We have incredible bodies that are capable of incredible things. No matter what we look like, how tall or small, how wide or scrawny our butts are, without our magnificent bodies we wouldn’t be able to experience anything – love, laughter, joy – life. If this sounds a bit evangelical it’s because I am. I really believe that we need to stop hating our bodies and judging our worth on how well we compare to the girls in MTV music videos. But it’s easier to say these things than to really feel them in real life. I know I have to remind myself that my body is worthy of admiration, despite the fact I feel it is less aesthetically pleasing since I gave birth to twins. I’m learning that the relationship we have with our bodies is one of the most important, enduring and challenging, but with a bit of work, it should be one of the most positive ones too.
I spoke to Body Positivity expert Michelle Elman who you may know from her Instagram, Scarred Not Scared (if you don’t know it – go check it out!) on Instagram @scarrednotscared. She’s a body positive activity and a body confidence coach to boot. She agrees that it can be difficult to own positive feelings about our bodies because we’re conditioned to think of ourselves as objects.
“Women have been taught that their worth lies in how beautiful they are and that we should all be striving for one beauty ideal. This beauty ideal is not only narrow but is also fabricated thanks to airbrushing, Photoshop and editing that presents altered images as real.”
Essentially, she says, this leads to a comparison battle that we’re all destined to lose.
If you want to get technical about body positivity, it’s actually way more than telling yourself you’re not “too bad” when you look in the mirror. Elman says body positivity is a political movement that works to get oppressed and marginalized bodies seen, represented and accepted in society. It’s the kind of political movement most of us are happy to get behind as well – accepting and celebrating bodies in all their diverse perfection.
Falling in love with your body, accepting it and crucially celebrating it is a journey that most women have to go on at some point. It can be all too easy to get locked in a negative pattern when it comes to the things you say to yourself about your body.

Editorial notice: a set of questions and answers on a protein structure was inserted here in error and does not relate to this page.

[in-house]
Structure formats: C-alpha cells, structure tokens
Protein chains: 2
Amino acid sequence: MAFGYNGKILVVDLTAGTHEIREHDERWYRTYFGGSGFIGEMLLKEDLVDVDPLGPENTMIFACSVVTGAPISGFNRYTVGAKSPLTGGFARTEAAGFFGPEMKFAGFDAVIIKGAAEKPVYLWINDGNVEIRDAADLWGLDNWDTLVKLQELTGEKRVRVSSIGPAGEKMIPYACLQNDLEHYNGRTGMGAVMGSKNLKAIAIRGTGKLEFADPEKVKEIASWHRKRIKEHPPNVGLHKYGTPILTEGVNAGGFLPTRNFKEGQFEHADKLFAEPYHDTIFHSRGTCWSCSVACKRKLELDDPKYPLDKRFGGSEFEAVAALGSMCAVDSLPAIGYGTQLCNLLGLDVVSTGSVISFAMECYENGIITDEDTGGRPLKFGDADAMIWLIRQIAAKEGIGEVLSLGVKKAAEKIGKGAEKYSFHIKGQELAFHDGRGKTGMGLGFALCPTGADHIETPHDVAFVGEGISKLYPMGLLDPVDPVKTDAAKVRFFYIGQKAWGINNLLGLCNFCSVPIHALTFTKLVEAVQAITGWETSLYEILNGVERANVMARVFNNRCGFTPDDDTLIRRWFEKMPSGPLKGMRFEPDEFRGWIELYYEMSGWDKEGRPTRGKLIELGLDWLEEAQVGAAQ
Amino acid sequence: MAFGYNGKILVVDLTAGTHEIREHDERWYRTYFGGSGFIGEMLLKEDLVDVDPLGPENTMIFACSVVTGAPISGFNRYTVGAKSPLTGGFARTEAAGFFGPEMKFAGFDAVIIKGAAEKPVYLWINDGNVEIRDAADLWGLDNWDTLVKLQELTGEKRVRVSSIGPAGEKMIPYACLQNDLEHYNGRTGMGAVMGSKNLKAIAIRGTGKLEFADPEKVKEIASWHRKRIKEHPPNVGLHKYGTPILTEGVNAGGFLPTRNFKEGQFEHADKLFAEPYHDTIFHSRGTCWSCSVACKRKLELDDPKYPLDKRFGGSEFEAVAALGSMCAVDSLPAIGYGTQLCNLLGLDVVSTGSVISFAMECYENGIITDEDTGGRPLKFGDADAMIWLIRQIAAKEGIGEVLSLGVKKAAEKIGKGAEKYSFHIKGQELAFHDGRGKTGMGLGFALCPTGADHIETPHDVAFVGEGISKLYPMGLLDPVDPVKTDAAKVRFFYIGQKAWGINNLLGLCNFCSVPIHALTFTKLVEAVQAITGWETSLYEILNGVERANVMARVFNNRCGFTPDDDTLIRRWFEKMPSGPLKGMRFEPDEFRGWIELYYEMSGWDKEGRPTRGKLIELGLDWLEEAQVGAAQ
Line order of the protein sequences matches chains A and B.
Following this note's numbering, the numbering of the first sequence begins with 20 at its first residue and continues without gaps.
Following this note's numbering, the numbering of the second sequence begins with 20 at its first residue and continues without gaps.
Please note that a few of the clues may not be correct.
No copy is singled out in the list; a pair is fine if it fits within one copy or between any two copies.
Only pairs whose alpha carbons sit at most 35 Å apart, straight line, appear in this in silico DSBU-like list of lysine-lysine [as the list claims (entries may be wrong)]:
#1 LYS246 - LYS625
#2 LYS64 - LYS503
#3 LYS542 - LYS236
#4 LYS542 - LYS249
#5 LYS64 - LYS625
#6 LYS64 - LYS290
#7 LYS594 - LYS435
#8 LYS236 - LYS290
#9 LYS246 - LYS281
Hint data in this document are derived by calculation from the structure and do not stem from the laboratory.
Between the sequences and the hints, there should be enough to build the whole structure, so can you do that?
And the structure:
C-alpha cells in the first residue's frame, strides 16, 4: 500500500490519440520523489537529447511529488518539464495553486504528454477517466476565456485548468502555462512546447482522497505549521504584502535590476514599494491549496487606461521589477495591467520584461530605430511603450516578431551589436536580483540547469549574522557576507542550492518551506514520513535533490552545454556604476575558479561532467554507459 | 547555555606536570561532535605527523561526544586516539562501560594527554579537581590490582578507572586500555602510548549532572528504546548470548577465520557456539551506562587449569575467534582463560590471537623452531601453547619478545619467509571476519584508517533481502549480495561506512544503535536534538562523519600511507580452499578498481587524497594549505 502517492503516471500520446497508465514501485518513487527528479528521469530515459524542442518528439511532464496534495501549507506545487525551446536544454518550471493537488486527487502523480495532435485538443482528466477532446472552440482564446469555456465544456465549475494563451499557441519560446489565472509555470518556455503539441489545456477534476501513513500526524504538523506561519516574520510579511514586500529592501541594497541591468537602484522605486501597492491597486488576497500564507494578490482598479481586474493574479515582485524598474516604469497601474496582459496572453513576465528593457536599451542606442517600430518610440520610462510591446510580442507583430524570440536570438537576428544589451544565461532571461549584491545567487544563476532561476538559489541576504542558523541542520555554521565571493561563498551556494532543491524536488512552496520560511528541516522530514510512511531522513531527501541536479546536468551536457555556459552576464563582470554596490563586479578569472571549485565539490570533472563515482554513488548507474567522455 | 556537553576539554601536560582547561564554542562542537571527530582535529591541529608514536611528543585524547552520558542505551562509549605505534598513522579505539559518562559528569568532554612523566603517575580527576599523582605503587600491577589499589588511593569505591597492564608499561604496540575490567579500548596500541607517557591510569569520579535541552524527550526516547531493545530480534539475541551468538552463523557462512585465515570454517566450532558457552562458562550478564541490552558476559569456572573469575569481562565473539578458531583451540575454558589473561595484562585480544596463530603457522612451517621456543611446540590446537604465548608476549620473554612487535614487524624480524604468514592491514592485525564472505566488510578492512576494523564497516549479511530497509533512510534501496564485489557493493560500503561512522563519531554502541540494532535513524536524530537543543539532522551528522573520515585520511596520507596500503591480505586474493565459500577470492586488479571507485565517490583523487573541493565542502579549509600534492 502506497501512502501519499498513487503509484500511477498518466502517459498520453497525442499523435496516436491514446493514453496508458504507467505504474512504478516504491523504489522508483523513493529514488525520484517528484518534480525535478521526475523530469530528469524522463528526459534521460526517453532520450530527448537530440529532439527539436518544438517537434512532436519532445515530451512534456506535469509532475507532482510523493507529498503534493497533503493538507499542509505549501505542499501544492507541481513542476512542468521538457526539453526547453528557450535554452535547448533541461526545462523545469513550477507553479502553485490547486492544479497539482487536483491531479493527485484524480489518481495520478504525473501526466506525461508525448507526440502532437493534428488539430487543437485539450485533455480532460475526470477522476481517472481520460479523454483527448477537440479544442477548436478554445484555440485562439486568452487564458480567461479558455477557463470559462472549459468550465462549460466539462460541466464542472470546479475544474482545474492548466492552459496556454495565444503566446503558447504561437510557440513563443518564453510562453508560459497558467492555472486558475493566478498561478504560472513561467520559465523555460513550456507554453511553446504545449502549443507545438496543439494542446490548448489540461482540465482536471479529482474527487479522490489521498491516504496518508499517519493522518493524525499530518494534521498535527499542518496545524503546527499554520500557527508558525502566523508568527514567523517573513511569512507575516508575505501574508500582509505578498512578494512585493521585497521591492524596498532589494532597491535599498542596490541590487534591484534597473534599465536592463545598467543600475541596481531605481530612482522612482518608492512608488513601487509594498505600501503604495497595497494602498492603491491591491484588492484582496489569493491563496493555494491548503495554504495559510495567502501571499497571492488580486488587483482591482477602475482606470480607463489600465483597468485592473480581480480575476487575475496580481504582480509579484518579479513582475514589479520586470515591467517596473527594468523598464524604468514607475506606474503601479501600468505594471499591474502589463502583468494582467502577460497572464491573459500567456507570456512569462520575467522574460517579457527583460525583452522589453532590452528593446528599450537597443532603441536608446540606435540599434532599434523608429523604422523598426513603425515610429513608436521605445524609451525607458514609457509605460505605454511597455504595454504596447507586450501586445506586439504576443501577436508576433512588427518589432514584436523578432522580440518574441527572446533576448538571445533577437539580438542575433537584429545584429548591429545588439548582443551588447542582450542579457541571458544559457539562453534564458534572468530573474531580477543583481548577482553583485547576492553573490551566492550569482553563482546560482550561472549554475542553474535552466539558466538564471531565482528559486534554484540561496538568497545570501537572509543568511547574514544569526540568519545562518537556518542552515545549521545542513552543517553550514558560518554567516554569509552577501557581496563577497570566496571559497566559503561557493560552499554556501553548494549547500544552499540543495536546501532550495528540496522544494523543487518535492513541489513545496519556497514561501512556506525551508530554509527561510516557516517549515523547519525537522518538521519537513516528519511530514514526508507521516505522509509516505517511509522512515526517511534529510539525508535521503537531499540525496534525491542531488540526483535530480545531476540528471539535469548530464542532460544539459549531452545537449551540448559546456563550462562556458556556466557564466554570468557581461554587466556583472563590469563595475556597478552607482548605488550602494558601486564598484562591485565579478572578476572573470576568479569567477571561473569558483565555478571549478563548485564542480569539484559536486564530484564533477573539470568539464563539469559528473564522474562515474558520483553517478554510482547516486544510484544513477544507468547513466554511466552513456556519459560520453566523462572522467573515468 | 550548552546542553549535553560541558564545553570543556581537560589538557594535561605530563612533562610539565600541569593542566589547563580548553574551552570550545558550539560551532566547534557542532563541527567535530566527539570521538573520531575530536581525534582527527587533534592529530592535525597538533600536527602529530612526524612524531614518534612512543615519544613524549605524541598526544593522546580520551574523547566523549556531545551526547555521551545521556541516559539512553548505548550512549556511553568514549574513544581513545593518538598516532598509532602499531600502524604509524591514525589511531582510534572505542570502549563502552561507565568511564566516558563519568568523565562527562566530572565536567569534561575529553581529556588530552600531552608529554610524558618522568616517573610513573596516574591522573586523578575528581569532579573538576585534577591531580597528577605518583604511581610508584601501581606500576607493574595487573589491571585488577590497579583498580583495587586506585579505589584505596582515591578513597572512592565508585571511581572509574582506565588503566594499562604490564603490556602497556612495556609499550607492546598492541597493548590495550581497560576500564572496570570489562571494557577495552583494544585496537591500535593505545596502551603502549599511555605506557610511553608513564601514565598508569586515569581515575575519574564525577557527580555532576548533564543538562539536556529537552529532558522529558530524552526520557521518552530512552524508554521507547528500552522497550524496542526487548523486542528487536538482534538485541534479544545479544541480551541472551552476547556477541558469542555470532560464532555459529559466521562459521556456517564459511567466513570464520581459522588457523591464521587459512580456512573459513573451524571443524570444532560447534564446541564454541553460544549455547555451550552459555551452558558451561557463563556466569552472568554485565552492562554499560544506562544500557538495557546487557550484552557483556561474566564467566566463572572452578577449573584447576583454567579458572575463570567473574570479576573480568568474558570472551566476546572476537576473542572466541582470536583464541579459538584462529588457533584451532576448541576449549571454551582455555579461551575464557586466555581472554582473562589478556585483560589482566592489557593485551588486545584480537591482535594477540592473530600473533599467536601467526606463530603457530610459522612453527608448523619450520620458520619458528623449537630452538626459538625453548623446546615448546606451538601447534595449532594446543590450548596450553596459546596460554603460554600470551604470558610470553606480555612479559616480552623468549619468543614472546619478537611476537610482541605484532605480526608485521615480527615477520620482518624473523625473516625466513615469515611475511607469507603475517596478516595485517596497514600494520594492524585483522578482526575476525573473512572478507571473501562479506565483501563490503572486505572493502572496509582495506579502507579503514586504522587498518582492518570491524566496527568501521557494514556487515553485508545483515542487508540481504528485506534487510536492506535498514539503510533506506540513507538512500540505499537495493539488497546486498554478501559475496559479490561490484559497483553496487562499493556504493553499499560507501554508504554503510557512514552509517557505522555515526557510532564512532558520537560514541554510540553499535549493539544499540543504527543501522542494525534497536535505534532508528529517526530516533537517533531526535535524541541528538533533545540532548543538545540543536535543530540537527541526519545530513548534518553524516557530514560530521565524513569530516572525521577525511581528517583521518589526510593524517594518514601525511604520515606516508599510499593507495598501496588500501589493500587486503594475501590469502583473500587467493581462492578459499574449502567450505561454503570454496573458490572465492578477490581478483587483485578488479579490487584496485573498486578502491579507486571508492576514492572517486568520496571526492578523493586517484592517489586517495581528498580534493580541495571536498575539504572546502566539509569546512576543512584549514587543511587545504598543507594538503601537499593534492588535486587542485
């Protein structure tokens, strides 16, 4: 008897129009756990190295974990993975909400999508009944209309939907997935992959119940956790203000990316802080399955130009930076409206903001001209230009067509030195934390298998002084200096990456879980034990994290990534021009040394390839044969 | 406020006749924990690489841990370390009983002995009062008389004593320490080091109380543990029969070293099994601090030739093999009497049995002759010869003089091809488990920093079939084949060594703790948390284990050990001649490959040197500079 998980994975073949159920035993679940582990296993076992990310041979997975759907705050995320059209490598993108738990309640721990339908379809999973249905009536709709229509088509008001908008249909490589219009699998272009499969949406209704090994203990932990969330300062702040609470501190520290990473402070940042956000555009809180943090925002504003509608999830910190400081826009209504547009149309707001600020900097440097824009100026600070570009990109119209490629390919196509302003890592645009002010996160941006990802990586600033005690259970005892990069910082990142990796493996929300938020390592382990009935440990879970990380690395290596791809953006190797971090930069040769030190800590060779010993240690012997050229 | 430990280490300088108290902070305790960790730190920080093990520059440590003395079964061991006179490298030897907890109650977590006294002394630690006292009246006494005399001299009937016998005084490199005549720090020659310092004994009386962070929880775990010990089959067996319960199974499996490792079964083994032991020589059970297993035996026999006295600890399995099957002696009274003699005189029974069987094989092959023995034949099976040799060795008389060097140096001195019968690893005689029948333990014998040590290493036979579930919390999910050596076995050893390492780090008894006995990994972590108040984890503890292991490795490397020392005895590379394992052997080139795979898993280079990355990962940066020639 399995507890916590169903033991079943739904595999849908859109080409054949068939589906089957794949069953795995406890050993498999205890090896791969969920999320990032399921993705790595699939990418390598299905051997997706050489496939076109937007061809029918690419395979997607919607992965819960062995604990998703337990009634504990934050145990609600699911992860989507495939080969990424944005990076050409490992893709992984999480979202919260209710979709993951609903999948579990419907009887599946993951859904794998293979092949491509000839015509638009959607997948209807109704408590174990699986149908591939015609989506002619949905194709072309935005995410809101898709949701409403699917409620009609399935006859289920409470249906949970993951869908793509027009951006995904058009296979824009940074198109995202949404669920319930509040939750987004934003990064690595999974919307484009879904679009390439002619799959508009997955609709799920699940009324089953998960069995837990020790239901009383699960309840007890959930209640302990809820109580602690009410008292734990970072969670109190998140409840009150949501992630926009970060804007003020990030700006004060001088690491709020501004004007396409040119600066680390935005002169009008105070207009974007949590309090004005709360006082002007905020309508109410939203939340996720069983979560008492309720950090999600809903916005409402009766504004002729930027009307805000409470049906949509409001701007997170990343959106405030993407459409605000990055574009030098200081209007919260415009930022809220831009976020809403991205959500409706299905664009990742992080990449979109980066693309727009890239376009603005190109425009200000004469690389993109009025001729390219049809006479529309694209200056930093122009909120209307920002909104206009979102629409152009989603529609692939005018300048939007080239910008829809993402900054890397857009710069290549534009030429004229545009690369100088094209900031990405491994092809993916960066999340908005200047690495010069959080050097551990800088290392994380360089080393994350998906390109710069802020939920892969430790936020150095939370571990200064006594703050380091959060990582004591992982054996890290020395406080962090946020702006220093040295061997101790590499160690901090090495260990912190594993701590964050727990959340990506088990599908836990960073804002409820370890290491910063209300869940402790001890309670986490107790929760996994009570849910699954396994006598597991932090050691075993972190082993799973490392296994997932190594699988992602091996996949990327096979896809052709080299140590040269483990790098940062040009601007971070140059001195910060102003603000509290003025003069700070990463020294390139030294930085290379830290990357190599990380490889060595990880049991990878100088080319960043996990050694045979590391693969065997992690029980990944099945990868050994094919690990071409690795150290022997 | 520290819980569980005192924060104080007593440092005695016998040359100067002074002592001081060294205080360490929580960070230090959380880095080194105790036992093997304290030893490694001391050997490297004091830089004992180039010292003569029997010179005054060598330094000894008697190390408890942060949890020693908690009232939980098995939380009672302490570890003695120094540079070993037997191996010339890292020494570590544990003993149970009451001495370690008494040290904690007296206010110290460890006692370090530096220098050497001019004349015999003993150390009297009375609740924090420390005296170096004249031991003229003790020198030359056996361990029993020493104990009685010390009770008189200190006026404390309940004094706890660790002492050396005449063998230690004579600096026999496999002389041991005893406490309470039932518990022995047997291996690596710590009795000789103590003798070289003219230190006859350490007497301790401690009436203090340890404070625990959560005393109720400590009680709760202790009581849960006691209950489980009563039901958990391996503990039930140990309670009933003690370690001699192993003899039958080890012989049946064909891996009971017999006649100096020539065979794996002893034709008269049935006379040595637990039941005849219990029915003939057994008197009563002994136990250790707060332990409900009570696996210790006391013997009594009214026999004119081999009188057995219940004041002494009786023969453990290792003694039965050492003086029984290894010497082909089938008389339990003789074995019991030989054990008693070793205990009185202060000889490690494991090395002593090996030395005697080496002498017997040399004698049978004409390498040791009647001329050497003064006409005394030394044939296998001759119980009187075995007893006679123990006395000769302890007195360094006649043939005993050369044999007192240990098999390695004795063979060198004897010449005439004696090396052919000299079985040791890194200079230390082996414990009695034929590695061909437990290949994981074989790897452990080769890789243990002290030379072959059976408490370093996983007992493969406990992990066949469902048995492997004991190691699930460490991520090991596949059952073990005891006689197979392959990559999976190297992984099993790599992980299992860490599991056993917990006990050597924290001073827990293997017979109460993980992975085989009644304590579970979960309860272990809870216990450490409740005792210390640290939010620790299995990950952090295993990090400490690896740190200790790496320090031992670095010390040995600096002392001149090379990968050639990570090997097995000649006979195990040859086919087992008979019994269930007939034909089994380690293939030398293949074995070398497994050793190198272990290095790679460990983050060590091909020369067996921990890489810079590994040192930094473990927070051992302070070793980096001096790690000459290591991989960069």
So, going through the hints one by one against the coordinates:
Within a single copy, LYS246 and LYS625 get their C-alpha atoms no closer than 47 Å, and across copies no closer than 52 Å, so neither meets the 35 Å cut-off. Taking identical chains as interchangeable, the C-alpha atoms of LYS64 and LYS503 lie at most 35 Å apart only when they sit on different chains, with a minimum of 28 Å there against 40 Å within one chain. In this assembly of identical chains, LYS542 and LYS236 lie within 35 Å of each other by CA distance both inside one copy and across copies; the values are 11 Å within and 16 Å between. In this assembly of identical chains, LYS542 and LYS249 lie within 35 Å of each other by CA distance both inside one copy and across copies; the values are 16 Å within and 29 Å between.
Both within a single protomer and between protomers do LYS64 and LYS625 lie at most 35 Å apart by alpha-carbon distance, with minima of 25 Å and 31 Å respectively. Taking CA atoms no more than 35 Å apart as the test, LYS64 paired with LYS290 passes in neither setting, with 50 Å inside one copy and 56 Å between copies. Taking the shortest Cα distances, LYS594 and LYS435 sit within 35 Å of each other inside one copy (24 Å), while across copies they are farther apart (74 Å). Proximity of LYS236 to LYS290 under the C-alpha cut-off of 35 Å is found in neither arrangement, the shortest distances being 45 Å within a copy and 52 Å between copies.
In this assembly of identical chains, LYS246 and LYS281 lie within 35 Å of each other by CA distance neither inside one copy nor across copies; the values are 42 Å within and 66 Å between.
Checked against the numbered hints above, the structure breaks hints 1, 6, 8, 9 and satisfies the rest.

To combat the bitchy voice in your brain, (the one put there by the patriarchy!) Elman suggests spending more time looking in the mirror and focusing on saying positive things to yourself every day.
She says, “Changing your inner voice is a fundamental part of body positivity so begin changing the thoughts that you’ve come to accept as your norm. Start with noticing how much your body has done for to keep you alive; appreciating what your body does is so much more important than what it looks like.”
We can agree with that.
Elman has just the inspirational mantras we need to know to take control of how we let ourselves feel about our bodies. Reading these just once or twice a day and integrating them into the way that you think can start to make a true difference to how you feel about your body.
1. “All Bodies are Good Bodies”
Remember there is no such thing as a ‘bad body’ – embrace yourself, as you embrace those around you.
2. “Healthy At Every Size”
There’s a movement within body positivity called ‘Healthy at Every Size’ and it’s a reminder that we need to adopt healthy habits for the sake of well being, not weight control. Don’t make size your goal. Make smiles your goal.
3. “There is no condition or requirement on self-love”
Stop putting restrictions on when you are worthy of your own admiration. Be proud of yourself, now, today, and always.
4. “Fat is a descriptor, not an insult”
Stop seeing fat/cellulite/small boobs (or whatever it is you’re self-conscious about) as the enemy, start seeing yourself as a person – a whole – a body -don’t reduce yourself to anything less.
5. “You do not need to change your body to love it”
Think of all the things your body allows you to experience, do and achieve. From thinking to reading to breathing to feeling the sun on your skin – start seeing your body as your best friend, not someone you need to change in order to accept.
Read more of MBS’s As Told to MBS column over here.